Jonelle: Yeah,exactly. The executive director, it's gonna be something else. That cannot be my position. Like me, an executive?
Lisa: Yes. You said you want to be a corporate baddie. Now you're an executive, see?
Jonelle: So, yeah. Yeah, and in the nonprofit space, and doing exactly what I love, because I've always wanted to do something sustainable with fashion. But it was hard to find a career like that.
Jonelle: And like, in undergrad, I couldn't find any internships that I really wanted. And like, I wasn't really passionate enough to, like, fake it for career fairs and stuff like that. I'm just like, "Why am I here?"
Jonelle: Yeah. And I wanted to take what I learned from Reconsidered Goods and build on that with Scraplanta. But I didn't wanna just let Reconsidered Goods be my only focus.
Jonelle: And when [29:58 inaudible] source of reference for Scraplanta. So, in November, I left Reconsidered Goods. And I started, like, a travel series for other creative reuse centers around the Southeast, so I can learn from them. And it's been an amazing journey [laughs]. [30:17]
Lisa: That is fantastic. So –
Lisa: Tell us about some of the places that you have visited on your creative reuse journey. Like, not just [30:26 inaudible]. In the earlier half of the program, we talked about, like, your sewing journey starting as-
Lisa: [continues] a nine-year old. And then, a self-taught 14-year old. And then, into undergraduate. And then, into graduate school. And all the while, you're sewing and creating. But this is an actual, factual trip.
Lisa: Where you went to one place, then another place. Tell us about where did you go? That's exciting. [30:47]
Jonelle: Yeah, so I started off in North Carolina. I went to into Richmond, for Richmond SCRAP–
Lisa: SCRAP RVA.
Jonelle: Yes. It was SCRAP RVA.
Lisa: I heart SCRAP RVA! I have been to SCRAP RVA. My son is an undergraduate at the University of Richmond. And so, when we were like, visiting and stuff, we would stop down by the SCRAP RVA close to where he is. I think it's near VCU which is-
Lisa: Virginia Commonwealth University, which has an amazing, amazing art department. So, there’s a lot of artists there who are putting things in. So you went to Richmond. Where else did you go? [31:26]
Jonelle: I went to Durham, to The Scrap Exchange, in North Carolina. And then I went to Nashville for Smart Art Supplies and Turnip Green creative reuse. And then I said, "I wanna go on this epic road trip from Atlanta to Texas".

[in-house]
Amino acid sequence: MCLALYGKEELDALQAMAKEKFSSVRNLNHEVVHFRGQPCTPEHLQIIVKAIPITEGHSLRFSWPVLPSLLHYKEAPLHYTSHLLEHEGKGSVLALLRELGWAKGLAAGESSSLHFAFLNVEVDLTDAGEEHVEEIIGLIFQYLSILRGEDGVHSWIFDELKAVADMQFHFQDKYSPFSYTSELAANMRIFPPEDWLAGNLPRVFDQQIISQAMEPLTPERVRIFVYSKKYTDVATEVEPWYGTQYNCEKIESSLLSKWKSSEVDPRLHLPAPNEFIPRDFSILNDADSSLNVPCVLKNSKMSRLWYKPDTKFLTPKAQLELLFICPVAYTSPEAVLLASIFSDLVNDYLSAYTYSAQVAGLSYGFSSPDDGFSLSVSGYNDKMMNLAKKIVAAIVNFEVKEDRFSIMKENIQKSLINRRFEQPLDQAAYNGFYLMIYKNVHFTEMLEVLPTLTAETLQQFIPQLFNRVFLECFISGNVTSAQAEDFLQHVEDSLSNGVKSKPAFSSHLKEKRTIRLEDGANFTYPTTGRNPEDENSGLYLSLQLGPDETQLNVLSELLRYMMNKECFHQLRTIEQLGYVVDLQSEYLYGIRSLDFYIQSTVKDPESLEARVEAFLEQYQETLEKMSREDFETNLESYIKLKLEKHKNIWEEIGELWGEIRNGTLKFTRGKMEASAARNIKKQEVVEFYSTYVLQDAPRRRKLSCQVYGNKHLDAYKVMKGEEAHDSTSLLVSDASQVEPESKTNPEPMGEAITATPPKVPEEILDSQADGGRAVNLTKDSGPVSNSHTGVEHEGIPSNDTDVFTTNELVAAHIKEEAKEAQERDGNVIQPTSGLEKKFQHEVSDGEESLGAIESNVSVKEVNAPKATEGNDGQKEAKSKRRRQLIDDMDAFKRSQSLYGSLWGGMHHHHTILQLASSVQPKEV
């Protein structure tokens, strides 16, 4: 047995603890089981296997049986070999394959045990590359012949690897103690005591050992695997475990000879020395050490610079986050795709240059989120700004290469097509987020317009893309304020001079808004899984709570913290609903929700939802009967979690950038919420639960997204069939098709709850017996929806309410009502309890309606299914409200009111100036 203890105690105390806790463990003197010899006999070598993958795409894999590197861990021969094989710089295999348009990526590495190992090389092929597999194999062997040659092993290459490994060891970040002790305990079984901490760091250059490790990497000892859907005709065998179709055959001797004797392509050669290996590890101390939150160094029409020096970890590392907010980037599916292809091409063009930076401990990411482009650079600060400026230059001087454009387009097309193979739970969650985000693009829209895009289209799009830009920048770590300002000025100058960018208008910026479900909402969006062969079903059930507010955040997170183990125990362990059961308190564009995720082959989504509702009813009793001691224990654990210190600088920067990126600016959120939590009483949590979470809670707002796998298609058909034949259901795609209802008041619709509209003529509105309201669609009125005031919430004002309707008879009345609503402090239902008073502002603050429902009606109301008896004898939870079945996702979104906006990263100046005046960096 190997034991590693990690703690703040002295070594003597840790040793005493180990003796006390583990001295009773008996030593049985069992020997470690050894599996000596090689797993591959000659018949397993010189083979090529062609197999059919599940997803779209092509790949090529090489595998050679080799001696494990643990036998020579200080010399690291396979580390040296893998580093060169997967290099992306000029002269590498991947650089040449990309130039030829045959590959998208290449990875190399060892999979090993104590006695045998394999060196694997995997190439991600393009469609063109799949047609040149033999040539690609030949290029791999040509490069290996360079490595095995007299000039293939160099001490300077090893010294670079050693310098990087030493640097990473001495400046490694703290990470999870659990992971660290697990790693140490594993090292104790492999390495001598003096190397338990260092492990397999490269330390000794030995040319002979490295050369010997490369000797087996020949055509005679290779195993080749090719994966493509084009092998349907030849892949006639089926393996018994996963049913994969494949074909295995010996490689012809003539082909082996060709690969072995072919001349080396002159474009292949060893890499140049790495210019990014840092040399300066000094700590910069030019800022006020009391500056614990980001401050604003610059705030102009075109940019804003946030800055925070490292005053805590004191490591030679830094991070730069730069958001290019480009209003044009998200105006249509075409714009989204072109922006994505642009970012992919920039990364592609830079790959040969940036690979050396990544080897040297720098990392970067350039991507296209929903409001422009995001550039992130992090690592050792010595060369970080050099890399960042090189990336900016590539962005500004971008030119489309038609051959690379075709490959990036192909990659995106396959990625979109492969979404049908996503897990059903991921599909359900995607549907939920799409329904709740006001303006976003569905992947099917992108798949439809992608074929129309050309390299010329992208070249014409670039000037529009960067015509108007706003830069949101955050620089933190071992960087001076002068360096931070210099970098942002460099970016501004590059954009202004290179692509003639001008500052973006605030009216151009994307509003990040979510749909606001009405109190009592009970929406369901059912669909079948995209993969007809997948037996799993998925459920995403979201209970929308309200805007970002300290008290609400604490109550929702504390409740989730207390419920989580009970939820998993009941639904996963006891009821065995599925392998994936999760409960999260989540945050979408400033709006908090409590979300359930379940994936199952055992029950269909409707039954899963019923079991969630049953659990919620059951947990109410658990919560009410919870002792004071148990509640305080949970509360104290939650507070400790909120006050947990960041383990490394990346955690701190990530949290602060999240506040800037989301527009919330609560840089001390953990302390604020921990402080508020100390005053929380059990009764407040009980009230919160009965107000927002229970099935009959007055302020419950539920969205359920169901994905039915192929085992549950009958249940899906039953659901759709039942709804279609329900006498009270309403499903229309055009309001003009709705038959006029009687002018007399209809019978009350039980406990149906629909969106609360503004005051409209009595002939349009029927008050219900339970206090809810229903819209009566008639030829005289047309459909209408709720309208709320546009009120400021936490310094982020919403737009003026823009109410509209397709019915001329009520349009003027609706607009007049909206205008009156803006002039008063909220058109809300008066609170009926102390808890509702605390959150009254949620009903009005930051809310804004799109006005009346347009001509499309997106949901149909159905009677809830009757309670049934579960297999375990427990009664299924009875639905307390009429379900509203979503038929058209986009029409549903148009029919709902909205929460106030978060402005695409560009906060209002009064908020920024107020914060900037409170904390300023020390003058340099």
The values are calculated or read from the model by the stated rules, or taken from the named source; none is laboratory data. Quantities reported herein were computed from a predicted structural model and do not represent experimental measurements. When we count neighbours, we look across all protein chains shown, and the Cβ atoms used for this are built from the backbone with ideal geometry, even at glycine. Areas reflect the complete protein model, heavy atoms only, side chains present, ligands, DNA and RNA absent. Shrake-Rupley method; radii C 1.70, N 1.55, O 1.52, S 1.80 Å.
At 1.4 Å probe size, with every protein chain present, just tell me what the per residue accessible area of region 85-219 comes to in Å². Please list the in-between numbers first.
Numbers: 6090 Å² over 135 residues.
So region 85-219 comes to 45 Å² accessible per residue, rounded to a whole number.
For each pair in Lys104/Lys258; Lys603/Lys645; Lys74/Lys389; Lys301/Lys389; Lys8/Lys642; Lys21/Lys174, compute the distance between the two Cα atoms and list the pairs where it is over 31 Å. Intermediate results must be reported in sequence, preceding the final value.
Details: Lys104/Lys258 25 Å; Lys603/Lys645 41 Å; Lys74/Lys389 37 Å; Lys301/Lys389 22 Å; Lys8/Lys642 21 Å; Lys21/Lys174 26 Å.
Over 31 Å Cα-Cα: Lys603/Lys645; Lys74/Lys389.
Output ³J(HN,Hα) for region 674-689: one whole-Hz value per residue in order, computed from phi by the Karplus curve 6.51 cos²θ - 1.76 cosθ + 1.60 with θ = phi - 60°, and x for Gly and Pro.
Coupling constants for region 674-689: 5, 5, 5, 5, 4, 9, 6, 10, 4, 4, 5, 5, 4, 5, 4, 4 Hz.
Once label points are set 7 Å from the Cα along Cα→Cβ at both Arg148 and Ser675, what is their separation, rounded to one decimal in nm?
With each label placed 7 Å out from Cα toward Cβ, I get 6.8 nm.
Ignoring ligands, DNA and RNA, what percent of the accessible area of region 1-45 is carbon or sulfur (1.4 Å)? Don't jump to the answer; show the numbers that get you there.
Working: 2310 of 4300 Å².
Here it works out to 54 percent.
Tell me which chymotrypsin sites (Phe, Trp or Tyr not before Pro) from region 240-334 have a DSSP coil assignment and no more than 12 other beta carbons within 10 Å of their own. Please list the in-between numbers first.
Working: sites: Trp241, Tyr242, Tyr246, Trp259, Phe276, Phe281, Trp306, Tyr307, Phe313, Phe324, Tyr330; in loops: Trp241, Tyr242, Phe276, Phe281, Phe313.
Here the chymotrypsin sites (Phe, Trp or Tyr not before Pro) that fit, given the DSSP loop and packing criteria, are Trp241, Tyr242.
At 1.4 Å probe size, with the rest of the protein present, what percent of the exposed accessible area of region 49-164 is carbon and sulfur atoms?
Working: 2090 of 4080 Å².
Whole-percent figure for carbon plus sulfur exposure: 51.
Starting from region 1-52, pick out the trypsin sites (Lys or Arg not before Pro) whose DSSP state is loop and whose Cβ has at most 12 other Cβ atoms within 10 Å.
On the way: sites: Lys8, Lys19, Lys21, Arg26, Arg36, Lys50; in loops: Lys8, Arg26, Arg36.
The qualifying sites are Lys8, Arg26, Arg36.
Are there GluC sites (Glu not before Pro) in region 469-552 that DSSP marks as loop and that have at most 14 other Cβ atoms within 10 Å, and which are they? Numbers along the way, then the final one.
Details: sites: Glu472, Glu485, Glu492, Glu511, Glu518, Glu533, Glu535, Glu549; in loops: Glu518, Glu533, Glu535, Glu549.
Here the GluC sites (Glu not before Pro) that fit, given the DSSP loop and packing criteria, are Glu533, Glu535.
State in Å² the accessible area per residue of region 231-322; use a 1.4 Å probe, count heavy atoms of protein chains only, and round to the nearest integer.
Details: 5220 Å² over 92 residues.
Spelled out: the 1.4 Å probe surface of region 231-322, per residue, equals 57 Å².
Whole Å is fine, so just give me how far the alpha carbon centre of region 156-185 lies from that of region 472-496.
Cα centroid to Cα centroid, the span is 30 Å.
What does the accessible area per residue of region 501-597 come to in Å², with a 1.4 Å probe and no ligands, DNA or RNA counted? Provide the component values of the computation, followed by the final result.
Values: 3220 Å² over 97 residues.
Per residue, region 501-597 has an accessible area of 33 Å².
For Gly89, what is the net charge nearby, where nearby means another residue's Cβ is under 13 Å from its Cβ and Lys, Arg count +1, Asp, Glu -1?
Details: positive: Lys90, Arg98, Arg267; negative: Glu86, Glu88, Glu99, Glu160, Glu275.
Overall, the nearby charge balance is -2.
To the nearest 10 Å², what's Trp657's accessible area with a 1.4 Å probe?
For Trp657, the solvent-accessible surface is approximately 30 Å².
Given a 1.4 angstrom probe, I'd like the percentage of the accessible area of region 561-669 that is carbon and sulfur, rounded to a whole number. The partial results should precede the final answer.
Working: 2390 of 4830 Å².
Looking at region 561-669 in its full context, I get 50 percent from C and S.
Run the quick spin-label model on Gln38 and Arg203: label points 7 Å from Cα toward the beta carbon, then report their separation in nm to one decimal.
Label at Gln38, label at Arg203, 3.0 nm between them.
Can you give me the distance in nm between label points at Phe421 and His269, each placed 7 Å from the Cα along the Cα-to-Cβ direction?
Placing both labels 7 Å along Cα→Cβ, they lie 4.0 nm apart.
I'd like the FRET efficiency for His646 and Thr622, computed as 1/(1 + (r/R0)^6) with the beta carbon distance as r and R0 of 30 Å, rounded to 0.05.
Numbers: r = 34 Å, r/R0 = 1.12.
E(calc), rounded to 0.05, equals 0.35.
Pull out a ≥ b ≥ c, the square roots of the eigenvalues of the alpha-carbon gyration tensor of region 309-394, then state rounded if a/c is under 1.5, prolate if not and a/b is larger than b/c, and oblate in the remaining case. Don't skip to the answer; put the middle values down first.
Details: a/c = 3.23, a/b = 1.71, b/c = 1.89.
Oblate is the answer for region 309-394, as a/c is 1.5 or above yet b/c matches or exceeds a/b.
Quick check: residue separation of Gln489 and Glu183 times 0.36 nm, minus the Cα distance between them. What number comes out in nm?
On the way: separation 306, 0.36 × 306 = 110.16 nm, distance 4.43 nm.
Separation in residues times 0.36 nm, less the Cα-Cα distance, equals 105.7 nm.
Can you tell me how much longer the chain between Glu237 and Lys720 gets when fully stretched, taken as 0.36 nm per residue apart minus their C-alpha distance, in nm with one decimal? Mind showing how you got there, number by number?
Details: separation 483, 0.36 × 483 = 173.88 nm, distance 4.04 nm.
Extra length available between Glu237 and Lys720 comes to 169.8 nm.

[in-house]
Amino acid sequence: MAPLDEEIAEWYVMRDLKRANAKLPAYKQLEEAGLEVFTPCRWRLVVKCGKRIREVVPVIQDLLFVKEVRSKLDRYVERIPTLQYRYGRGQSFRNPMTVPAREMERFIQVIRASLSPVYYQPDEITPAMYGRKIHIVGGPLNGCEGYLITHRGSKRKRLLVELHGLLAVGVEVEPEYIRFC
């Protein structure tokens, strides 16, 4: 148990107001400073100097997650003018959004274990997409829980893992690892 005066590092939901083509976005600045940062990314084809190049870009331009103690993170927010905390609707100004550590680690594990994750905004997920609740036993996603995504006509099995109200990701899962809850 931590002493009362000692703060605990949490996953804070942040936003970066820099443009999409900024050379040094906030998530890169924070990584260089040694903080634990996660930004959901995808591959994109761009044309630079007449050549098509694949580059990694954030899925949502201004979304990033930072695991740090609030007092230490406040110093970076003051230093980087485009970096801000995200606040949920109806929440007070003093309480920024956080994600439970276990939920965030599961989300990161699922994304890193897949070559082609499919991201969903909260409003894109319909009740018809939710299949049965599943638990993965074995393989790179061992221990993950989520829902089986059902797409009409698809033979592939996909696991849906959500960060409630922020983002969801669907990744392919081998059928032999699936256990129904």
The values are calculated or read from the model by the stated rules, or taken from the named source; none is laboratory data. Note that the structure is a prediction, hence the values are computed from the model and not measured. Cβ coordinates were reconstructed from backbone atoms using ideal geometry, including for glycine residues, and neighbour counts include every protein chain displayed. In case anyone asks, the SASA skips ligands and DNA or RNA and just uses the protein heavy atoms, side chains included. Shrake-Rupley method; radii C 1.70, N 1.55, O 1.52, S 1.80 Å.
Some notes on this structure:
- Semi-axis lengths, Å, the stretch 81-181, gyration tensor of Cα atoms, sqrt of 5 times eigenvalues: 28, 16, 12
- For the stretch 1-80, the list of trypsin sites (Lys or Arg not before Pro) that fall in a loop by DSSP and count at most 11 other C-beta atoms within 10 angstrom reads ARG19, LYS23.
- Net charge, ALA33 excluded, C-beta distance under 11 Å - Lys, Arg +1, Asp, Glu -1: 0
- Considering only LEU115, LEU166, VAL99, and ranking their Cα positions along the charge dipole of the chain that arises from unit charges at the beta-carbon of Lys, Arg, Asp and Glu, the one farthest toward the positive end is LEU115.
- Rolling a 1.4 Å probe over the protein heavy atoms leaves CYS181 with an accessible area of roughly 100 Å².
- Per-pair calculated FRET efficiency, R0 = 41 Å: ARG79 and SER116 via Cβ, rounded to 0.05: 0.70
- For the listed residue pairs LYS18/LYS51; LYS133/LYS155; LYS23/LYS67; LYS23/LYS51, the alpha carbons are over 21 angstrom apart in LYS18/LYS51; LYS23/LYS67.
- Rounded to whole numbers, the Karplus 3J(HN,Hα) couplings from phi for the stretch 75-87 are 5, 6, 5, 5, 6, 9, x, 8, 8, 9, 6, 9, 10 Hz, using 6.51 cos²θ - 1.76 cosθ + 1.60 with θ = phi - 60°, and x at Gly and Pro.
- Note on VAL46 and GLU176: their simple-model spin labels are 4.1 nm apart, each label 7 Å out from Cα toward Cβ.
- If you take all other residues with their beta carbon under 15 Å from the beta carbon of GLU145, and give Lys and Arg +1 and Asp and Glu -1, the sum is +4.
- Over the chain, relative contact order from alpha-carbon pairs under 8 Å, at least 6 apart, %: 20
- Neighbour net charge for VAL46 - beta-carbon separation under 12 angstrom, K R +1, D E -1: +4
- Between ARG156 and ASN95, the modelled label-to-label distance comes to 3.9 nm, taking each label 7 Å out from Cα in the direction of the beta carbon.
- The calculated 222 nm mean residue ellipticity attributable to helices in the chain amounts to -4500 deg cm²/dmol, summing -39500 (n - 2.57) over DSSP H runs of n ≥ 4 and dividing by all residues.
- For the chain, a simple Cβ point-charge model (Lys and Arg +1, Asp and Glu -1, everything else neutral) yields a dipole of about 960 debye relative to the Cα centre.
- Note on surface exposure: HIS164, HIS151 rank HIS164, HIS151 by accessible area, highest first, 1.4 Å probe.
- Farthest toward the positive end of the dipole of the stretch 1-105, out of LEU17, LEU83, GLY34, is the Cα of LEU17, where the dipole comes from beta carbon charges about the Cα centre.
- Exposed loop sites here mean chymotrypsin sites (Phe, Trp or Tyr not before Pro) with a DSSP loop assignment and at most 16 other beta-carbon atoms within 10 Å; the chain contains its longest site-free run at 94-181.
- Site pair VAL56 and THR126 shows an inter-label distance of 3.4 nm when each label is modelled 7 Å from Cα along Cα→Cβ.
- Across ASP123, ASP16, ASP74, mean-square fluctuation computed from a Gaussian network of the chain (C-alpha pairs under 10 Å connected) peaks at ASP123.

Lisa: Oh, Lordy.
Jonelle: Yes, and it was one of the things that I put out in the universe. I told my friends because my friends were like, "You keep traveling, and we're jealous." And I'm like, "Okay. You know, what? If you wanna hop in the car with me, I don't go to Texas by myself." -
Jonelle: "Come along." [32:57]
Lisa: Yes, we don't drive to Texas by ourselves from Atlanta. We do not.
Lisa: We do not.
Lisa: We do not, because we are Black women. And we cannot trust the highways, and byways –
Lisa: [continues] with our lives. So, alone.
Jonelle: Yes, cause even my friend, he had a Green Book and everything. He was like, "We're gonna be safe. We are not going to, y‘know, be in harm's way at all with this trip." And so we had a great time.
Lisa: Ah, wonderful.
Jonelle: We went to Deuxieme Vie Creative in Lafayette, Louisiana. And we went to Spare Parts in San Antonio and Austin Creative Reuse. And it was so interesting, because I saw people at different parts of the journey. Scraplanta, even though we've been around for years, we're still like a baby. Cause we're just now just opening our permanent retail location.
Jonelle: And so we got to see places that’ve been open for years. And some that are just like us, that just opened a year or two ago, and they're growing. [32:51]
Lisa: Yes. Now, what were some of the things that stood out to you? Are there certain regional differences? Like, the way that SCRAP RVA looks versus the shop in Louisiana? Like, are there regional differences throughout the southeast? between, like, what one state might have a lot of versus what another state might have-or city? [33:18]
Jonelle: Well, I did try and have, like, some of the same interview questions for each executive director. Because I was like, "What are the items that don't sell? and what’re the items that, y’know, do sell? " It's funny, because there's one thing, like, trophies.Every creative reuse center, they had a bunch of trophies that they just could not get rid of. [laughs] [33:38]
Lisa: Trophies! So trophies if you-- Wow! Y’know, that's so funny cause I really think I have, indeed, seen some trophies when I went to Richmond.
And I also wanna give a shout out to-- I'm in Charlottesville, Virginia, but there is a creative reuse center in Palmyra, which is a bit outside of Charlottesville. And it's called The Scrappy Elephant. And she's a really nice lady, and I've sent fabric her way. And it's a wonderful little spot. So, I want to give a shout out to her and her work because she does really great stuff. And I'm sure she might have some trophies there. [34:14]
So, like, [34:15 inaudible] I wonder how trophies end up in a creative reuse center? Do people just think, "Oh,wow! I’ve had these trophies for all this time? They look like little sculptures—maybe some artist will make something with them? " Have you ever seen a project that’s involved a trophy? [34:32]
Jonelle: I've seen people; they've taken off a little top part and they’ve spray painted them. They've made little figurine sets with that. [34:43 lemme think] With the little long part, sometimes, people use that to make, like, little batons. Even, like the stand part, people have used the stands to make, like, nameplates. It's like, literally, the possibilities are endless. If you just sit down long enough and stare at it, you will come up with, like, 10 ideas. [34:57]